Segment launches new GDPR compliance tools

The platform for managing first-party data will help its customers with the heavy lifting of forwarding end-user data requests to various marketing tools.

Are you ready for GDPR? Richard Hogg, global GDPR evangelist at IBM, discusses the progress, and lack of, being made by organizations in light of the upcoming GDPR enforcement date; how consumers might exercise their new rights; how AI and machine learning will help organizations comply and respond; and what job opportunities might exist as a result.

Once the General Data Protection Regulations (GDPR) take effect in Europe on May 25, companies will have to accommodate user requests to delete or suppress their data. That's easier said than done when a business uses a whole bevy of marketing tools that rely on customer data.

To take on this challenge, the customer data management platform Segment is launching new tools that let a company make a single deletion or suppression request -- rather than having to put in a request with each and every marketing and advertising firm that's handling their data.

Businesses can manage their end-user requests via a simple user interface or an API, and they'll be forwarded to supported Segment integrations.

Also: Everything you need to know about the new general data protection regulations

"We're driving towards a vision where Segment can help our customers -- since we're the single point of data collection about their end users -- to honor the data subject requests... that users make across their entire customer stack," Chris Sperandio, Segment's product lead for privacy & compliance, told ZDNet.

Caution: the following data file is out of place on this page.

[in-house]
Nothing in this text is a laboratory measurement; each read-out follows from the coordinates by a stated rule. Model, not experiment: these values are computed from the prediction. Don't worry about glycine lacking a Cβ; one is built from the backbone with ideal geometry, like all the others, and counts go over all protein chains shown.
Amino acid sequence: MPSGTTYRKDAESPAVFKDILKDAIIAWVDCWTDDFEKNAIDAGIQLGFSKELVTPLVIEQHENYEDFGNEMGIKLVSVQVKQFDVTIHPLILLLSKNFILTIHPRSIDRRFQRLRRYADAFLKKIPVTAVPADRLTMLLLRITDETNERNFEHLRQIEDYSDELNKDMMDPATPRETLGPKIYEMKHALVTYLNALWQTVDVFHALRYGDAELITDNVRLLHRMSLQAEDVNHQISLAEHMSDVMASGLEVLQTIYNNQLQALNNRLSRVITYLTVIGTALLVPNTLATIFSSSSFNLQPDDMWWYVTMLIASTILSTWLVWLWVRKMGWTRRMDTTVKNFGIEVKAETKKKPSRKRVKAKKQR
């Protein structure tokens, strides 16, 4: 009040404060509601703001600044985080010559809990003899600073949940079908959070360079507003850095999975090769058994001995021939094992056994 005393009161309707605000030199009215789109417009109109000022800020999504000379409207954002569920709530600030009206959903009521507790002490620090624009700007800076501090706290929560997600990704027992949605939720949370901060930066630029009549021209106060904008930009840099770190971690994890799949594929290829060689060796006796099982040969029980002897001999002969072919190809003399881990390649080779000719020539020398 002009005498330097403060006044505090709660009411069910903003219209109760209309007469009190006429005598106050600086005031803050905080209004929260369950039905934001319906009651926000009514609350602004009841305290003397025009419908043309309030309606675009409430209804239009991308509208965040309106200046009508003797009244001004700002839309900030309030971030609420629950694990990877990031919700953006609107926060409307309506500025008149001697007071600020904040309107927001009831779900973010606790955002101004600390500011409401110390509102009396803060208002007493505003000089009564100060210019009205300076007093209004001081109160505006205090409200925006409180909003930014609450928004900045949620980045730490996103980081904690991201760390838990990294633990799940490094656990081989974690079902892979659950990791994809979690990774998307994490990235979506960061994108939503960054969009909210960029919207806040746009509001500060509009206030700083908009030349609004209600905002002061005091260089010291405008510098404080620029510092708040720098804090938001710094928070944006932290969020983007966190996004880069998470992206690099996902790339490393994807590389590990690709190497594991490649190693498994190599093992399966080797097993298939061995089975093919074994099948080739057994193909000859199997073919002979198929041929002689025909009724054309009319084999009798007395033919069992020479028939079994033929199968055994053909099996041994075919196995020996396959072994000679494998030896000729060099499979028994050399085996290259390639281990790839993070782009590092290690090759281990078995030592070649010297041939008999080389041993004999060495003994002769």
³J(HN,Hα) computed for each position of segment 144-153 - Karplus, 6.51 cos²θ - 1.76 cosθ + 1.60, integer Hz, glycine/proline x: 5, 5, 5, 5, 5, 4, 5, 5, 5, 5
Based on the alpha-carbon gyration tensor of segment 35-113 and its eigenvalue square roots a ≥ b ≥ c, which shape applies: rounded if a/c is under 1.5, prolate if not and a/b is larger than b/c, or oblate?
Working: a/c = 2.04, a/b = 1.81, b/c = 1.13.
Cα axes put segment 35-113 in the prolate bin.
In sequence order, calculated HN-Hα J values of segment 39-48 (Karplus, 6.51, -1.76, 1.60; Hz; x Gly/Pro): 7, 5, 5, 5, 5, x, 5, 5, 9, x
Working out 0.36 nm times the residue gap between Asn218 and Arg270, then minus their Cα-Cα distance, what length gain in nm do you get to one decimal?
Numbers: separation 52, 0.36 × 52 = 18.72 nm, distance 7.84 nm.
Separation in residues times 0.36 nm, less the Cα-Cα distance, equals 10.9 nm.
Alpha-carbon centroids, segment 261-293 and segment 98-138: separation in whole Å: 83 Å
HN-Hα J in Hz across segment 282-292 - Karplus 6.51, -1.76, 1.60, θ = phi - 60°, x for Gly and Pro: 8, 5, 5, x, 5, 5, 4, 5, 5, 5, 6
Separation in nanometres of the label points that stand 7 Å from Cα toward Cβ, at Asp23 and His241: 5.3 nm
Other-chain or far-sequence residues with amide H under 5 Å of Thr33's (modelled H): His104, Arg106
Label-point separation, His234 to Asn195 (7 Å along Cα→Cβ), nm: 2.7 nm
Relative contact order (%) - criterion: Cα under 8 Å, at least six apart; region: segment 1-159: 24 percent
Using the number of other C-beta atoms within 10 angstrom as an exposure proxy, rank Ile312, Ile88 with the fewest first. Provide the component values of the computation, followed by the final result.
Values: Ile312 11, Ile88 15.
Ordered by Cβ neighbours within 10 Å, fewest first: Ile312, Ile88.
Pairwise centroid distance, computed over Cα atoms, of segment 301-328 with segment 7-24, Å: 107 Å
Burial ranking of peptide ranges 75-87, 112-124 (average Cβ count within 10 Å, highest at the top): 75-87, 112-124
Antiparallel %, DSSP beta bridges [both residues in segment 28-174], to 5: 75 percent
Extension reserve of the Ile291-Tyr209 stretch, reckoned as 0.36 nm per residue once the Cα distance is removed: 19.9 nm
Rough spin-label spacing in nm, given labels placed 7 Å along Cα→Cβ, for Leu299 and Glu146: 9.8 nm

Segment announced back in November that it would enable customers to delete an end user's data from wherever it lived on the Segment platform. Yet at that time, many of Segment's marketing partners hadn't committed to doing the same. Over the course of the last few months, Segment has talked to several partners now building out this functionality.

"Tools that handle customer data are splitting into two camps," Segment CEO Peter Reinhardt said. "There's a relatively small camp that's just leaving Europe entirely," he continued, pointing to the company Drawbridge as an example. "The majority of companies that do handle user data for their customers are moving very quickly now as we approach the deadline to offer APIs that allow this. In the next month or so there's going to be a flurry of companies becoming compliant."

Meanwhile, Sperandio said, Segment customers are taking a hard look at the way they build consent into their user experiences, as well as the ways they handle user data on the back end.

As a platform that strictly focuses on first-party data management, rather than buying and selling consumer data to third parties, Segment welcomes regulations like GDPR, as well as the increased scrutiny of consumer data policies in the US and elsewhere, Sperandio said.

"What we're trying to do is help our customers build better and more enduring experiences for their customers," he said. "We want to foster a culture where that doesn't come at the expense of customer trust or privacy."